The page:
Friday, September 28, 2007

More comments on pensions

Good comments all around. One thing I'd like to "flesh out", however, is how pension plans are inherently insolvent, no matter how well the actuaries design them.

No kidding. Let's take the Godzilla of all pensions, the unconstitutional Ponzi schemes, as an example. Why are Socialist Insecurity and Mediscare inherently unstable?

To understand, we need to understand that we (mostly) "eat this year's crop." You can save money, but unless somebody plants some corn and cuts some hay, you're going to go hungry, even if you have a room full of gold to pay for food. For this reason, the traditional retirement plan of most people around the world has been to have children--or if no children come, to cultivate friendships with others who can bear some of the burdens of being unable to work enough to support yourself.

Enter Godzilla, and what happens? Well, you've just told people that they don't have to have children to take care of retirement, because Uncle Sam is going to pick up the tab--or so they think. Unsurprisingly, the birth rate has gone down quite a bit since 1937.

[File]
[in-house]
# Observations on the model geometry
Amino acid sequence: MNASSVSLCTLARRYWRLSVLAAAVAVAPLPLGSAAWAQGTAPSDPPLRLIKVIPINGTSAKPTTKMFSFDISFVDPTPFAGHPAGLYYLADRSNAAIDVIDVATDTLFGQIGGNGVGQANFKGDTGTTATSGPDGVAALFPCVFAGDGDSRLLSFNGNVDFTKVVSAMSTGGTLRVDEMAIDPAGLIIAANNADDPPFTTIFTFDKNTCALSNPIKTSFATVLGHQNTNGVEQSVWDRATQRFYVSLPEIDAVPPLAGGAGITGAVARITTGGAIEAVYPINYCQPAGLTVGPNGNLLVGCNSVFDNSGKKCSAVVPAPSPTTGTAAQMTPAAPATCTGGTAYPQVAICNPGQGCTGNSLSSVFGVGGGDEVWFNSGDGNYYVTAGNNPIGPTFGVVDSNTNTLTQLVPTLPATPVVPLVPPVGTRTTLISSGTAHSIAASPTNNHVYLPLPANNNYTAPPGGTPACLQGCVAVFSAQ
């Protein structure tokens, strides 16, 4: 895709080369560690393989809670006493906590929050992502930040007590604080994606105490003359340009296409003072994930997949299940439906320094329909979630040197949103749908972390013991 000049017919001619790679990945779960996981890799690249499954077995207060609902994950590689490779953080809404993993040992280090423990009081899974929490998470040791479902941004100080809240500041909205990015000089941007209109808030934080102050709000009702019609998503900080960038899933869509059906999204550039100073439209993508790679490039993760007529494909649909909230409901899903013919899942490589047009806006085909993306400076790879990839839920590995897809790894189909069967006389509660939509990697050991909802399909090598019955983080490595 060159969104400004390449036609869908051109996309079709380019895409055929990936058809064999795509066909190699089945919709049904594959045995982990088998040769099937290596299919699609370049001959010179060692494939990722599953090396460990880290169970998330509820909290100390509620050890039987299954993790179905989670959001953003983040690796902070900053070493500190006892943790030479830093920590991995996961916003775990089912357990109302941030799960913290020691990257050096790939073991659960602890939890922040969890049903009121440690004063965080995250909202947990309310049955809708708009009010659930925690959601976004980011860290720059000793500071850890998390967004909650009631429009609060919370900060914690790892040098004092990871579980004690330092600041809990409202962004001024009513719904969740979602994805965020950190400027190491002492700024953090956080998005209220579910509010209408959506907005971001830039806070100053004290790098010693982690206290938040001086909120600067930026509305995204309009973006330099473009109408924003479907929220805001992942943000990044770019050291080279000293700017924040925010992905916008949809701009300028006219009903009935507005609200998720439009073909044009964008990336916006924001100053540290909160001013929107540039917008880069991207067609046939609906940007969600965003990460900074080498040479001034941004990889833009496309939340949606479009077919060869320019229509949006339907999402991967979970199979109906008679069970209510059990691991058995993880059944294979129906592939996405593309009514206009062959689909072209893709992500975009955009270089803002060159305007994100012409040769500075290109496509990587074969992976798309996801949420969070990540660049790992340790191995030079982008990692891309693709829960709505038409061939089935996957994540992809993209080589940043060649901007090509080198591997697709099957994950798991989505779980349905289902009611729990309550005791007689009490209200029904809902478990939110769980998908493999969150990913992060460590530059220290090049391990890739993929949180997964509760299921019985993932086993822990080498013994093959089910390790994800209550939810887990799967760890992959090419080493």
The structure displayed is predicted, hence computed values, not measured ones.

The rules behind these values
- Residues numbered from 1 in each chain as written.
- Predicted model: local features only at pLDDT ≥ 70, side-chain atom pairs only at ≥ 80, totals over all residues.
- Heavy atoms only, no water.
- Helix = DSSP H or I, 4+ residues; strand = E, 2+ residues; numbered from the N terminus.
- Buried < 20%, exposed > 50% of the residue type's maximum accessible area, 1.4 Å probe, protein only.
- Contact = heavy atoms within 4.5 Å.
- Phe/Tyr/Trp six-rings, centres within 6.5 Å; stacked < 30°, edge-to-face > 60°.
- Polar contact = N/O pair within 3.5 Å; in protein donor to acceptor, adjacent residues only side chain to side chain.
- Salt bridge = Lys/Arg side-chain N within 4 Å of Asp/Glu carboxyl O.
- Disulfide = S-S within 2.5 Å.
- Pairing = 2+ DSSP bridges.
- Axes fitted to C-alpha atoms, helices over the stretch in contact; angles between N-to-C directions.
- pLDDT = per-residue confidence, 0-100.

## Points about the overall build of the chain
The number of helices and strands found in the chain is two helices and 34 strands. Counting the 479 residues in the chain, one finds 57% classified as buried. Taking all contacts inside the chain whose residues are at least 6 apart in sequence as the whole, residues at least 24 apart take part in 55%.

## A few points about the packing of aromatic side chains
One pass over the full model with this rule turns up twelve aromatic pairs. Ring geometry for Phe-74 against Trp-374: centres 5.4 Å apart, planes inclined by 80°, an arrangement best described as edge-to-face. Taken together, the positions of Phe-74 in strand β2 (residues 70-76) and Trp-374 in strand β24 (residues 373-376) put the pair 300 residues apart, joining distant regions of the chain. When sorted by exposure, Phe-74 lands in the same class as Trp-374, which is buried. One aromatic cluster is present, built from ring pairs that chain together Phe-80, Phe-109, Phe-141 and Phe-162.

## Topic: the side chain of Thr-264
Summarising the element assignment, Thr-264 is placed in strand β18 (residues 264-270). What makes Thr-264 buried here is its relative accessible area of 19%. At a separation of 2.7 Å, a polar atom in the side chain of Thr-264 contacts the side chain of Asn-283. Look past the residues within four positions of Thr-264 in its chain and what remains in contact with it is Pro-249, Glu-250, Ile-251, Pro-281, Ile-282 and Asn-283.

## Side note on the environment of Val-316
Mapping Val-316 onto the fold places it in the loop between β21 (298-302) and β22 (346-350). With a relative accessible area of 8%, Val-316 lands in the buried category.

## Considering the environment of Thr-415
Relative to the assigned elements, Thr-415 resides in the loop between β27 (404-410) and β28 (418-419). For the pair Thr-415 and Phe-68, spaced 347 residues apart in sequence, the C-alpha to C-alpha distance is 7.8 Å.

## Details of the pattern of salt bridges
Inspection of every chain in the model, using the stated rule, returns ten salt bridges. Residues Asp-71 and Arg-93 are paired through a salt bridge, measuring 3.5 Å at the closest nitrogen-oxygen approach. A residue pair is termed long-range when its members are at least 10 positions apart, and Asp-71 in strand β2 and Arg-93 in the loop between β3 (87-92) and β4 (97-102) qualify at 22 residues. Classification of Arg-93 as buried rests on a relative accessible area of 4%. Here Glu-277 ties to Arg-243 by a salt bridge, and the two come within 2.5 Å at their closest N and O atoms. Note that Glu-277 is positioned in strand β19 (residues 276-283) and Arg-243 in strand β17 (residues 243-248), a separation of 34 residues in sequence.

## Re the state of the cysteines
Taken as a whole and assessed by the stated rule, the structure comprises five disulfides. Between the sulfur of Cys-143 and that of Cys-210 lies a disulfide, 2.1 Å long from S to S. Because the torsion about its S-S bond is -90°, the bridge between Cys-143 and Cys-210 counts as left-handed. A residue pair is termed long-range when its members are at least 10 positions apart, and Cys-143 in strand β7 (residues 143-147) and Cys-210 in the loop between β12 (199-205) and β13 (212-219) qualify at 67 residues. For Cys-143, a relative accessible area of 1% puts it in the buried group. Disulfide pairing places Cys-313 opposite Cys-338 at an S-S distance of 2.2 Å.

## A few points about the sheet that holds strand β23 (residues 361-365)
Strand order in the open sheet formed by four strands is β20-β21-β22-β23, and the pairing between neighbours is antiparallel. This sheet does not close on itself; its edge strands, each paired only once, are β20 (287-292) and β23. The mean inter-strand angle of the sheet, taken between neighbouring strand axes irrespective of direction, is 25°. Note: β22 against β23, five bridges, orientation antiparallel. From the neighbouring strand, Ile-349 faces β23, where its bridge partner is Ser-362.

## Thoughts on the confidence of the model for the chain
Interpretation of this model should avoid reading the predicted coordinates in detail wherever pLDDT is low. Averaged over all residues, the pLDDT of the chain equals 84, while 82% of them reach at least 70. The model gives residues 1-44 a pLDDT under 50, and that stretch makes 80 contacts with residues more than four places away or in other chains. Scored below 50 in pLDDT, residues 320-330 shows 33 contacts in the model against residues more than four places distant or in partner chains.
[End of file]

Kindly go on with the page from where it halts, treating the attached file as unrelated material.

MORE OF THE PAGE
The rub comes when you remember that "Godzilla" requires a rather robust birth rate to work--and thus it's no surprise that taxes to support it have been doubled twice already, with more increases on the horizon. She simply sows the seeds of her own destruction by her very nature.

So even apart from medical advances that cannot be predicted, the inherent lack of productivity of the government, and so on, Social Security and Medicare are bound to fail due to the most basic premise in these programs; "we will take care of you whether you bother to think about the future or not."

Not surprisingly, the future is rather bleak for those who don't take reasonable steps to deal with it.

Wednesday, September 26, 2007

Watch out for those pension promises

It's been sad to watch the recent UAW-GM talks and strike; apparently, what kicked off the strike was the UAW's refusal to discuss the possibility of reducing medical benefits for retirees. Now, for starters, I think the UAW would have done well to talk to retired steelworkers about what happens when their former employers go bankrupt; that medical plan, and a lot of their pension, is gone after Chapter 13 reorganization. The choice is not "if" they will get reduced benefits, but rather "when" they will. Honda, Toyota, and others will see to that.